“I was never really a football or a sports person in the traditional sense,” he recalls. “Skateboarding was a big part of my life for a long time and when you’re into that culture, you’re just surrounded by all those other subcultures like graffiti and hip-hop and punk and all that stuff.
“I’d been drawing my whole life, so when you would come across a big, colourful mural or whatever on the street, you sort of couldn’t help but like it,” he smiles.
While he was increasingly exposed to “serious” graffiti culture throughout high school and began working on his “hand style” and “busting out a few tags here and there”, he never embraced the culture “in any substantial sense”. It wasn’t until 2003, after he had completed a Bachelor of Design at Melbourne’s Swinburne University and had been working as a graphic designer for a few years, that his curiosity got the better of him. With UK artists like Banksy starting to get an international profile and stencils beginning to pepper inner Melbourne’s walls, Hooke dove in.
He and his friends started “going out on missions” putting up stencil art and meeting others in the scene through web forums like Stencil Revolution. “I had got a bit sick of commercial graphic design and I needed another artistic outlet,” Hooke recalls.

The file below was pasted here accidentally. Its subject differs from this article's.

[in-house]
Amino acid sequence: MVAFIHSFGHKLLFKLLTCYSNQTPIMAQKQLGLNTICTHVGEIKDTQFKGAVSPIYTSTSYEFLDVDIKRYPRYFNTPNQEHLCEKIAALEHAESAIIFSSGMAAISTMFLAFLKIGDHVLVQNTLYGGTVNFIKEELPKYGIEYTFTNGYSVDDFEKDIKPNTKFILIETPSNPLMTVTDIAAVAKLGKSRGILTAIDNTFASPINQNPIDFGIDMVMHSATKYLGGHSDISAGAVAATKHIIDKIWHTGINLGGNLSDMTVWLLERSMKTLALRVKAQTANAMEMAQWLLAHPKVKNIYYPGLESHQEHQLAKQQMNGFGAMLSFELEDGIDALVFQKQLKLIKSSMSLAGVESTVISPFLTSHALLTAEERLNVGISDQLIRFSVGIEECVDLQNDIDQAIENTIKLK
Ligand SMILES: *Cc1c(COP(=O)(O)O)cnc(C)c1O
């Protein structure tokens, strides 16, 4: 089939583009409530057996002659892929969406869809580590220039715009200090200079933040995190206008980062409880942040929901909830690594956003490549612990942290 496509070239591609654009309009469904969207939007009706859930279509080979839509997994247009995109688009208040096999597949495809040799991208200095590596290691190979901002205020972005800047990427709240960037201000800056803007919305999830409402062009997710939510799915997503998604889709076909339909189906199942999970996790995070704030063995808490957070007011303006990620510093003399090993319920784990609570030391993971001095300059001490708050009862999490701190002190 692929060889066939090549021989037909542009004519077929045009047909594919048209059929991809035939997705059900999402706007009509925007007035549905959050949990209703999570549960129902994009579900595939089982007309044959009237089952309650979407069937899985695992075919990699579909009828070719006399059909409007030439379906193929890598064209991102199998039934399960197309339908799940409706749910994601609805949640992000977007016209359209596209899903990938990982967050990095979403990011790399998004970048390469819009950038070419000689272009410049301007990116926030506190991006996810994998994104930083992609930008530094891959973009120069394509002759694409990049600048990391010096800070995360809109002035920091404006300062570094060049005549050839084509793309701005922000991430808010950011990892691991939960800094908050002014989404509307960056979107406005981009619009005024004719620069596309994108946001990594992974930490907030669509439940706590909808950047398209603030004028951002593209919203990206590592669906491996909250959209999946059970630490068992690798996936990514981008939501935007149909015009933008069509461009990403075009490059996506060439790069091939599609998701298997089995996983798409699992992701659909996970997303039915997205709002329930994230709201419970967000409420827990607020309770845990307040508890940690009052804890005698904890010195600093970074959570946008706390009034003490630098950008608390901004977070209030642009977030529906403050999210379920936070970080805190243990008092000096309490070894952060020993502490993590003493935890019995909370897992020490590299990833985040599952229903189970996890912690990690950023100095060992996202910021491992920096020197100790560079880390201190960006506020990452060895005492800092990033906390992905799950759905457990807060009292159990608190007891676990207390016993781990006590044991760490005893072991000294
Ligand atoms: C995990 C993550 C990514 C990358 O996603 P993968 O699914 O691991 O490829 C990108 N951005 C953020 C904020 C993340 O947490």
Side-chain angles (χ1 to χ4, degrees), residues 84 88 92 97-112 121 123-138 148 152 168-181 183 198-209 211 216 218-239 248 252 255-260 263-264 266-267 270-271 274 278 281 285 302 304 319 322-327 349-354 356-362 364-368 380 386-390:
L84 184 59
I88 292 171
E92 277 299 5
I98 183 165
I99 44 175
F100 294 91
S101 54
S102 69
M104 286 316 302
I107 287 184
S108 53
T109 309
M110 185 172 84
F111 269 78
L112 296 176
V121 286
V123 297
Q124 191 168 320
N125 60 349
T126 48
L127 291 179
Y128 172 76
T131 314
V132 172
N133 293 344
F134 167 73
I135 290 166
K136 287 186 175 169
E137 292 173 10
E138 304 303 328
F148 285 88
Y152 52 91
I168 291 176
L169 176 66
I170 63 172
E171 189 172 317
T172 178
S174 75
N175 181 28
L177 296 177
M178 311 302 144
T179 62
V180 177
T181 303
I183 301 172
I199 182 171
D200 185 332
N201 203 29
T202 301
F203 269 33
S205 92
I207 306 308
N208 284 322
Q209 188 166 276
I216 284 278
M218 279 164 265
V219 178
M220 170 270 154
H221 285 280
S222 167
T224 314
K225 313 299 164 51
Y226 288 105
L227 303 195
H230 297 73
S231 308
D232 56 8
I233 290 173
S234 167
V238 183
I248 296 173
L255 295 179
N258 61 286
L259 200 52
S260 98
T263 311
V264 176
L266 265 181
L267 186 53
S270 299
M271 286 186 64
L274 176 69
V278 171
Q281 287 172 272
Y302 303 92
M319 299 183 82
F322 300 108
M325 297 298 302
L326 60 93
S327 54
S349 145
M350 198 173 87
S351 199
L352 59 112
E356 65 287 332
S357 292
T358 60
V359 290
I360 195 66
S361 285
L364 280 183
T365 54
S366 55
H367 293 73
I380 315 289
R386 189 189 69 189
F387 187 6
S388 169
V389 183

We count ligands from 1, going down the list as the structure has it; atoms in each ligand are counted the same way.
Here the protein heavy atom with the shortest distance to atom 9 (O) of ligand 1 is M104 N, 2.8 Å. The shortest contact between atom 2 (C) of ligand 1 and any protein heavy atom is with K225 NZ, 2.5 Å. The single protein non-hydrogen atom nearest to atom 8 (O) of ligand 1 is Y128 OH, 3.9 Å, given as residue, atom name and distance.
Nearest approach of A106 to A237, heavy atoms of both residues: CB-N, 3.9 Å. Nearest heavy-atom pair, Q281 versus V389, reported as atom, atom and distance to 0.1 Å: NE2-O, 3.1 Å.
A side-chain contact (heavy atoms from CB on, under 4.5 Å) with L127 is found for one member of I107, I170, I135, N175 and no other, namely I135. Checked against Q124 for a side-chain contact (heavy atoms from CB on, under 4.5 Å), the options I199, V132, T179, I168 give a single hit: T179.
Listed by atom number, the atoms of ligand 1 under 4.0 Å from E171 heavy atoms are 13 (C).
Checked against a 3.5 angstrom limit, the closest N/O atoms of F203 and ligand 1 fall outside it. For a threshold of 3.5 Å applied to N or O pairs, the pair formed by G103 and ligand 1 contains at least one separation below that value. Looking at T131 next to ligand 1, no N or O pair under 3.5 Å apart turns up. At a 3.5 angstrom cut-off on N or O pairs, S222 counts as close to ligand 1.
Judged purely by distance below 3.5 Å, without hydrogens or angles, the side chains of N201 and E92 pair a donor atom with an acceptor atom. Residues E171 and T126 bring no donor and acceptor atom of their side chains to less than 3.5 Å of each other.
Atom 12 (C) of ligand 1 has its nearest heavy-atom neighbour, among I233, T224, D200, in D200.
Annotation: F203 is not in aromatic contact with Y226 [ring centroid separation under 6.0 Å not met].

He moved into a share house with Sync and another highly active street artist at the time, Meek, and his interest soon manifested to a point of fascination. “It just grew into meeting more people in that culture and learning new techniques, like starting to do paste-ups and stuff, making stickers, doing more spray-can work and learning how to get my can control better and hanging out with the guys who are now the Everfresh guys.”
The studio was founded soon after. “At the time, it wasn’t really about being a member of a crew or a collective; it was more about just using the studio and splitting the rent among five or six guys,” admits Hooke. “It was a place to just hang out on a Friday night and just drink beers and make stuff.”
Despite the group’s informal approach, the studio was soon making an impact in and outside their inner northern Melbourne base of Collingwood. Indeed, from its earliest days, Everfresh Studio garnered a reputation not just for its members’ painting skills on the street, but their ability to negotiate commissions, exhibitions and bring their work to a more mainstream audience. Projects like their now famed 2009 mural commission, which spans a massive section of wall bordering Fitzroy music venue The Night Cat in inner Melbourne – touting ‘Welcome to Sunny Fitzroy from Everfresh’ – only confirmed their reputation for getting things done – big things.